Wednesday, July 16, 2014

On the Different Types of Weather Observations- Part I

Meteorologists and others make many types of weather observations for a wide variety of purposes. Unfortunately, the diversity of types of observations often leads to confusion in discussions about how, where, and when weather observations should be made. With this in mind we decided to write a few posts with a brief description of the types of observations- as noted by a CIRDA Meteorology Expert.

Synoptic Observations
Usually when meteorologists speak of observations, unless they qualify their comments, they are referring to what are termed “synoptic observations”. The term “synoptic” means "affording a general view of the whole". Thus synoptic observations are made to characterize and quantify the weather over a large region at particular moments in time (usually periodically at 3-hour or 6-hour intervals). Each such observation includes data on sky cover, state of the sky, cloud height, atmospheric pressure reduced to sea level, temperature, dew point, wind speed and direction, amount of types of precipitation, and other information on observed atmospheric phenomena. Synoptic observations are reported to the Global Telecommunication System managed by WMO to be shared with meteorologists around the world.

When synoptic observations from across a continent are collected and analyzed, they provide meteorologists a picture of surface weather events occurring on spatial scales of several hundreds to a few thousand kilometers and time scales of a few hours; these are termed synoptic scale events. The large low and high pressure systems and accompanying frontal systems found in mid- and high-latitudes are examples of synoptic scale weather phenomena.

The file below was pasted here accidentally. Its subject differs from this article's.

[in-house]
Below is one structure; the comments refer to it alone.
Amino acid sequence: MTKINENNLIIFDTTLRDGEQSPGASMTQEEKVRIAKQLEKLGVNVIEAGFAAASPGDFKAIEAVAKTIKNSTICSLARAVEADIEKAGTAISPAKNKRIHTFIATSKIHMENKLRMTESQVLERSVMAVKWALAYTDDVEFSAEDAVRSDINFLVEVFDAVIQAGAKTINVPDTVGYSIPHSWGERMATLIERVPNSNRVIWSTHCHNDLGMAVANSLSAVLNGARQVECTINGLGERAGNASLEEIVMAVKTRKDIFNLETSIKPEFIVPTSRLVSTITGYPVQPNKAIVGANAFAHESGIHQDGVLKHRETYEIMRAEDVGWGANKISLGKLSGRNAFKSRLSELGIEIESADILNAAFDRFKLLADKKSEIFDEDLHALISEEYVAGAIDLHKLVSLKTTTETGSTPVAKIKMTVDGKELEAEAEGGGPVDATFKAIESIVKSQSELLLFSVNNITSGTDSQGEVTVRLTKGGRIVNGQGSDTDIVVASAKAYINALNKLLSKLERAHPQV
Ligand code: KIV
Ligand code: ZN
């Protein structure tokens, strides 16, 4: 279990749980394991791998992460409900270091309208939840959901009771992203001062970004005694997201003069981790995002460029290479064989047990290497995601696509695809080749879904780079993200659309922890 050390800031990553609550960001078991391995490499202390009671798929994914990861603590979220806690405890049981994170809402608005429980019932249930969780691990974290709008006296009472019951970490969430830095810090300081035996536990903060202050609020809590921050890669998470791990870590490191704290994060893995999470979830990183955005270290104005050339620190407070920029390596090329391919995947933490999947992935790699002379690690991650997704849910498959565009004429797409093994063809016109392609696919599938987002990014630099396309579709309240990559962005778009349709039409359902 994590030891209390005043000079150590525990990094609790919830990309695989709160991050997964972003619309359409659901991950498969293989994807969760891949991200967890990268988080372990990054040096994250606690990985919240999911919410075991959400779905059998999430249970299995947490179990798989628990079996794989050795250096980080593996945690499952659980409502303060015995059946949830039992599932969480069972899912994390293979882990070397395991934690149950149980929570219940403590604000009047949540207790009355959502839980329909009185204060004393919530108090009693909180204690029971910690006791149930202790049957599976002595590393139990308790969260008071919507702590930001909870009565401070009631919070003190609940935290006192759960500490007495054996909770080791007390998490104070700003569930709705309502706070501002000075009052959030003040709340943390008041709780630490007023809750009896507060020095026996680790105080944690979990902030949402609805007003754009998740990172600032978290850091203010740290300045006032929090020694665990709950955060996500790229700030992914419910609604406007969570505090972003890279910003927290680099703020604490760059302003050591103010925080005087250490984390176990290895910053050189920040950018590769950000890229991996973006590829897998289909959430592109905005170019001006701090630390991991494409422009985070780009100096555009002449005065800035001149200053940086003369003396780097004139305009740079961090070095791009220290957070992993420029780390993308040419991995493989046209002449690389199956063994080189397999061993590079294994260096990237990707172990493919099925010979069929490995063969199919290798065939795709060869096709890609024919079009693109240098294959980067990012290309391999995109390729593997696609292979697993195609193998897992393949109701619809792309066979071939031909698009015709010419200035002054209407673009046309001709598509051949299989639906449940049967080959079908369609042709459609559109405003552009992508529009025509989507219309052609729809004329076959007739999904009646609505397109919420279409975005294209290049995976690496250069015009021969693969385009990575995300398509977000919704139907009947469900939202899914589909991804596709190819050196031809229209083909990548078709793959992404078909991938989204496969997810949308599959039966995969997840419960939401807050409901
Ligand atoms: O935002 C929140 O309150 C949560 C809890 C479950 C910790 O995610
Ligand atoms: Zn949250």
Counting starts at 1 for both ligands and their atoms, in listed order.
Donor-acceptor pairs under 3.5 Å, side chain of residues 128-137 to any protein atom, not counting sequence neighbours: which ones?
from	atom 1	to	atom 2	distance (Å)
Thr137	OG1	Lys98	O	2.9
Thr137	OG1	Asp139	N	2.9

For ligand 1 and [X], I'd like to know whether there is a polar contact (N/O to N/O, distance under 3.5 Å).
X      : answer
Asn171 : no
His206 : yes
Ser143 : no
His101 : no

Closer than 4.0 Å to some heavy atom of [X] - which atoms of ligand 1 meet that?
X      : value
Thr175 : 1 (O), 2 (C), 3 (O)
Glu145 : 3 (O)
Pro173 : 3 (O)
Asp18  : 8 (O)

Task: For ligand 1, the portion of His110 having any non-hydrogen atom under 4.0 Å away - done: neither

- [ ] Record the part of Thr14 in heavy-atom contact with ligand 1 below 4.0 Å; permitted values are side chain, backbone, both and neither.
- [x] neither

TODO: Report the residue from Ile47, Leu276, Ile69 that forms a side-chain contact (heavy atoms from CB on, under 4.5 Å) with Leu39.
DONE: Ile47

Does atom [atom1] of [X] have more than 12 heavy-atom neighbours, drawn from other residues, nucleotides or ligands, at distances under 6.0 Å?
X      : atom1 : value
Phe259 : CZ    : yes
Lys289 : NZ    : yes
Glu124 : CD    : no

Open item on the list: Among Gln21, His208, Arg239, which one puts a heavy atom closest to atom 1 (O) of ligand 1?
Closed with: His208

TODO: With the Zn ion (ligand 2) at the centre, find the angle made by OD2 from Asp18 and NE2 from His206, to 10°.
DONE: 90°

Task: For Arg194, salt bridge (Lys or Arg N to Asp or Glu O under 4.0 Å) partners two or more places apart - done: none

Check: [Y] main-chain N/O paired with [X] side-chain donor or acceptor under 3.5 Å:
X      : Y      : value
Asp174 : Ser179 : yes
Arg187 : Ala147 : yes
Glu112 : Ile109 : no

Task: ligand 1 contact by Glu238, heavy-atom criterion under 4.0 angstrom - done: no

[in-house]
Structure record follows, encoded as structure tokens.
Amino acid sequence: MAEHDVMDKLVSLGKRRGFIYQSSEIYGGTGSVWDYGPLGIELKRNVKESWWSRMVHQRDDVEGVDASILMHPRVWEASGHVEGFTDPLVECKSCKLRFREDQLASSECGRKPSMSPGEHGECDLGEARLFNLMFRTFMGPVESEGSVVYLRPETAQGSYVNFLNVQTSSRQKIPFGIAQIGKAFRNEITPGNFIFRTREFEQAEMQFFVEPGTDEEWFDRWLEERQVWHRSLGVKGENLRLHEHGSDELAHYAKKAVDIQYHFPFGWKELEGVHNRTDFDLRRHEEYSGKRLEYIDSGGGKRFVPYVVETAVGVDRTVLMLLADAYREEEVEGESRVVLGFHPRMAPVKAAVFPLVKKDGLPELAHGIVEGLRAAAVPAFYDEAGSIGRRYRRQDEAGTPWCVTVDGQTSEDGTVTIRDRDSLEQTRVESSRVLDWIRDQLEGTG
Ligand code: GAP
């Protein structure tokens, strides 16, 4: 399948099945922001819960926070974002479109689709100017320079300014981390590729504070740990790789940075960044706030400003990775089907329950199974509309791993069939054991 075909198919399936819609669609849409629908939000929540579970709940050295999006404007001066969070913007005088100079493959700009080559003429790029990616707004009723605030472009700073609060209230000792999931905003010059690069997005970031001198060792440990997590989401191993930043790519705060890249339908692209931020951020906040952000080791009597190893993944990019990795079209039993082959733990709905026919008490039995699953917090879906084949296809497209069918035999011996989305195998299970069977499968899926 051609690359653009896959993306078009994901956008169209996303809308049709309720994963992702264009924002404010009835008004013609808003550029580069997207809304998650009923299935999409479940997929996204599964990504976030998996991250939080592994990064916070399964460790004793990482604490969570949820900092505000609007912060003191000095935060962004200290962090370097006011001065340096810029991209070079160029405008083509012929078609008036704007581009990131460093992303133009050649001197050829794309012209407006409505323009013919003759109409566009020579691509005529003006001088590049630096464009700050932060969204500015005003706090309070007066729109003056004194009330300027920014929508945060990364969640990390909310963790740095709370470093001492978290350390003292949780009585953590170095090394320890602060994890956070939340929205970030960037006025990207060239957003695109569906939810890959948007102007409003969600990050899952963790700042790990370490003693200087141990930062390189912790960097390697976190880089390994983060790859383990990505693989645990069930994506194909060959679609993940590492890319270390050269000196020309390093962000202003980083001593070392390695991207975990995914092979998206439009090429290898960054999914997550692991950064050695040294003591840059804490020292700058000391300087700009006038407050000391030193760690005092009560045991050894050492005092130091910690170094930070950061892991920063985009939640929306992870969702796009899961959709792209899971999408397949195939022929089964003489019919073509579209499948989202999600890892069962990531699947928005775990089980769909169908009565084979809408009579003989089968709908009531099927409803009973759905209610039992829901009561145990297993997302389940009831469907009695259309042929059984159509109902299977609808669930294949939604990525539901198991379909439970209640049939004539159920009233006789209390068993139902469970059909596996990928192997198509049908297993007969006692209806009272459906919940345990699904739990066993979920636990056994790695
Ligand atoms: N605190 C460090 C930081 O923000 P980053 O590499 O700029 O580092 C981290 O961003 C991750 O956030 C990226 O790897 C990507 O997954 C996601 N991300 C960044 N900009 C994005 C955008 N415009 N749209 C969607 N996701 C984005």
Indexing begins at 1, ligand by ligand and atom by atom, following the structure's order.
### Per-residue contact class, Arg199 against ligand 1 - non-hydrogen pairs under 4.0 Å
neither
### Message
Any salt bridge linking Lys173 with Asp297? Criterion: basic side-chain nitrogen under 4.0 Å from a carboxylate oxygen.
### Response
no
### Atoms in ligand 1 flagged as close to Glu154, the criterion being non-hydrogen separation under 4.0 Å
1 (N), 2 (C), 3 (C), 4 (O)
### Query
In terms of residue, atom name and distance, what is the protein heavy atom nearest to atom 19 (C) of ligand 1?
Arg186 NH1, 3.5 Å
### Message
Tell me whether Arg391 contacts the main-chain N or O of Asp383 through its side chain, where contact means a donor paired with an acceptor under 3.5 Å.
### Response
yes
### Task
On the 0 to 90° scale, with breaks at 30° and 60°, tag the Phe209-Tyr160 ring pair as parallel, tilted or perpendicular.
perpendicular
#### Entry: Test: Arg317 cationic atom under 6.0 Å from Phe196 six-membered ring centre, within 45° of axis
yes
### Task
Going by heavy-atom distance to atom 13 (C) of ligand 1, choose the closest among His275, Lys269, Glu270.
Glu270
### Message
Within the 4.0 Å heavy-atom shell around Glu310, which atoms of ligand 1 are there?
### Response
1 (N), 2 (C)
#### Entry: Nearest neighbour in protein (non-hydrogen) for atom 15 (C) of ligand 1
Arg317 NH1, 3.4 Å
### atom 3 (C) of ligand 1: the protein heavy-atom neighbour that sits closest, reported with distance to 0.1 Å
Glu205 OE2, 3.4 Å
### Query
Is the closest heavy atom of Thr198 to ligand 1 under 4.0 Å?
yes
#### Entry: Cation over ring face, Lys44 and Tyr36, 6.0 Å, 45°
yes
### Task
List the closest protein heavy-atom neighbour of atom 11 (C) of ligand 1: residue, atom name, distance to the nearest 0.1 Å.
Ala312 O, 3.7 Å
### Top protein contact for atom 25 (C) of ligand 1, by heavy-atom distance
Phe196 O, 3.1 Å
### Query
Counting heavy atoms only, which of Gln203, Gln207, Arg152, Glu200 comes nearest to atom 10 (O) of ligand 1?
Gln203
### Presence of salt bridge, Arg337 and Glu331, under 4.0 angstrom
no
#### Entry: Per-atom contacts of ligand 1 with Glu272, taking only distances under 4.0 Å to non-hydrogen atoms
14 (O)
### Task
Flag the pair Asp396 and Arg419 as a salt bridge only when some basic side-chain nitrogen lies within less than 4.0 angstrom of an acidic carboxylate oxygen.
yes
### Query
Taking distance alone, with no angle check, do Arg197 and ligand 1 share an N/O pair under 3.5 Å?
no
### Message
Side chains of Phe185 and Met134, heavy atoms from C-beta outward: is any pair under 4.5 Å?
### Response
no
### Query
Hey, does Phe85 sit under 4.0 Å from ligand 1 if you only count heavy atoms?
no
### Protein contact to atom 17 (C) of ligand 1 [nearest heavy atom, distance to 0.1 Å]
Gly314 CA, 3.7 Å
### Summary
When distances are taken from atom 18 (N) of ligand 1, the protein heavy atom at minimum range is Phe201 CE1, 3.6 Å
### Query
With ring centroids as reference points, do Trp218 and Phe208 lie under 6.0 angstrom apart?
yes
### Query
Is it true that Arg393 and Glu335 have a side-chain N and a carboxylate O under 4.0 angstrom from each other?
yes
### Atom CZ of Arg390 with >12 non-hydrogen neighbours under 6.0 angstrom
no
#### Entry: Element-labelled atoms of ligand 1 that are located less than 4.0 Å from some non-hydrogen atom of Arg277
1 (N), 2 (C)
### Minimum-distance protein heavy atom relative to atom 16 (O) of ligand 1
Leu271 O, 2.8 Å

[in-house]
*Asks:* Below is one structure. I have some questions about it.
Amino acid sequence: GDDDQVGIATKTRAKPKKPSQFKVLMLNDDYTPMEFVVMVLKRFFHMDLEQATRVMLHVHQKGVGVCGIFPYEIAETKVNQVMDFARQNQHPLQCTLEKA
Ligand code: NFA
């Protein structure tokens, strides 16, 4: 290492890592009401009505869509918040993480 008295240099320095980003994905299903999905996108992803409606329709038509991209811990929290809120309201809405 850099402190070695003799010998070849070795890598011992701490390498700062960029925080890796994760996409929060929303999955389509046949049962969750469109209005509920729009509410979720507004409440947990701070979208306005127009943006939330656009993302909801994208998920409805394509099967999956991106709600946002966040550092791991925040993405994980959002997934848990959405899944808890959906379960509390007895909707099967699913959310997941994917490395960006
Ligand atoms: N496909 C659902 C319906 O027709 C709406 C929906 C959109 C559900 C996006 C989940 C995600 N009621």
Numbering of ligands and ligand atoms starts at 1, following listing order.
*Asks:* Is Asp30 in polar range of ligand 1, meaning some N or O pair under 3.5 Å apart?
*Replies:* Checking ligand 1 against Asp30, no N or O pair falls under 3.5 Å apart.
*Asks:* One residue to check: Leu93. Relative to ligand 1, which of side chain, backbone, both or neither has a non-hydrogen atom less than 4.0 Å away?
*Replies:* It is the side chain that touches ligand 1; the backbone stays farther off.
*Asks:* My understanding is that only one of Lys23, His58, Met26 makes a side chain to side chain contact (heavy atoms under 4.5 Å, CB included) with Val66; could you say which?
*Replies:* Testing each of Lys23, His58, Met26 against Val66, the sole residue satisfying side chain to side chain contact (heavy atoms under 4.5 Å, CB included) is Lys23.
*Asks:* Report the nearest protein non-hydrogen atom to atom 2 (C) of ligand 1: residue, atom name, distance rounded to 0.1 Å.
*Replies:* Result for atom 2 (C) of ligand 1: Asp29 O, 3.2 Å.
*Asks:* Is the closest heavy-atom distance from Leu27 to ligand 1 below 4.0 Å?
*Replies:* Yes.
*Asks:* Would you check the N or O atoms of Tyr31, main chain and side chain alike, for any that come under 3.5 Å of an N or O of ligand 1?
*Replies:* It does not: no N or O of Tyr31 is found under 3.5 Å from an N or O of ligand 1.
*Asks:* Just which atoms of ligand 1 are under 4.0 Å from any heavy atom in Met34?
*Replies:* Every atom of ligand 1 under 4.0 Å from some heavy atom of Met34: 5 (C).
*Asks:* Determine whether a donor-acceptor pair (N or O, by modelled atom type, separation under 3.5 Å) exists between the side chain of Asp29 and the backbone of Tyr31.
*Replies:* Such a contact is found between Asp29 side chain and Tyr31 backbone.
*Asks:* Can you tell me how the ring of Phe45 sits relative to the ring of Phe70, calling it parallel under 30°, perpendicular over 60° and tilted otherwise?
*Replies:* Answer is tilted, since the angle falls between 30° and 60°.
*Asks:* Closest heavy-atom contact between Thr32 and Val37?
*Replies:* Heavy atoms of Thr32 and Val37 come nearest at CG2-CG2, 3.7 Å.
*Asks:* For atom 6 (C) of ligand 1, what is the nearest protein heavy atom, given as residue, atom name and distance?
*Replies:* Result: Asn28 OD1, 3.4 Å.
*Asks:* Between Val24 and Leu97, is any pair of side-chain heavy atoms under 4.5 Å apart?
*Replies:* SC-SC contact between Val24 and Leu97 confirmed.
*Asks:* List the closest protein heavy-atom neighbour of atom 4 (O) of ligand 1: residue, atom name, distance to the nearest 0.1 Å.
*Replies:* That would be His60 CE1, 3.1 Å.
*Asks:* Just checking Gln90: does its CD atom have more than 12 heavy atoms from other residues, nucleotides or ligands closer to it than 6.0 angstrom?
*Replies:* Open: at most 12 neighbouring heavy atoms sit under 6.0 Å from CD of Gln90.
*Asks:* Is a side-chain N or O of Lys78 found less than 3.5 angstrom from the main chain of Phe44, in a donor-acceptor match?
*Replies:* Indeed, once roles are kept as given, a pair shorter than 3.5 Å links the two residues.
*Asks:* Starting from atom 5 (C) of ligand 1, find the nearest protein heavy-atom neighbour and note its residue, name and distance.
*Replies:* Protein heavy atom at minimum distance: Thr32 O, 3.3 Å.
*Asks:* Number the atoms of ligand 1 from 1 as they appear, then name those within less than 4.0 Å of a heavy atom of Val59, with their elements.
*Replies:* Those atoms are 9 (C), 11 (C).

Synoptic surface weather observations are made by trained observers of National HydroMeteorological Services (NHMS) in accordance with guidelines established by the World Meteorological Organization (WMO) [see WMO Guide to Meteorological Instruments and Methods of Observation, WMO-No. 8 (2008 edition, updated in 2010) with Corrigenda Table (dated Sept. 2012, published October 2012)]. The Guide specifies in detail how, where, and when synoptic observations are to be made. Given the purpose of synoptic observations, the WMO Guide discusses in detail aspects of the locations where synoptic observations are to be made and how instruments are to be exposed so as to ensure that the observations are comparable and representative of a wide region.

Aviation/Hourly Observations
In addition to observations at the synoptic intervals, many NHMS collect hourly observations at their synoptic sites. In addition, “aviation/hourly observations”, a subset of the synoptic quantities plus other aviation-specific quantities, are made hourly at airfields and at other locations. “Special observations” may also be made when atmospheric conditions change rapidly between hours in ways that may impact aviation or other operations.

For aviation observations, the guidance of both the WMO and the International Civil Aviation Organization (ICAO) apply. In accordance with such guidance, the instruments used to make such observations are normally exposed so as to provide data representative of runway conditions, which may be quite different from those observed by a synoptic observation site.

If the spatial density of locations making aviation/hourly observations is sufficiently high, then when such observations are collected and analyzed by the NHMS, these hourly observations can provide a provide meteorologists with a picture of weather events occurring on spatial scales of a hundred to a thousand kilometers and time scales of about one hour; these are termed sub-synoptic (in the sense of “edge of the synoptic”) or meso-alpha scale events. Phenomena like squall lines, mesoscale convective clusters, and tropical waves occur on this scale. (However, tropical and subtropical cyclones are classified by the U.S. National Hurricane Center as synoptic-scale phenomena.)

The CIRDA Programme is the UNDP Multi-Country Support Programme to Strengthen Climate Information Systems in Africa. Click here to learn more about it.

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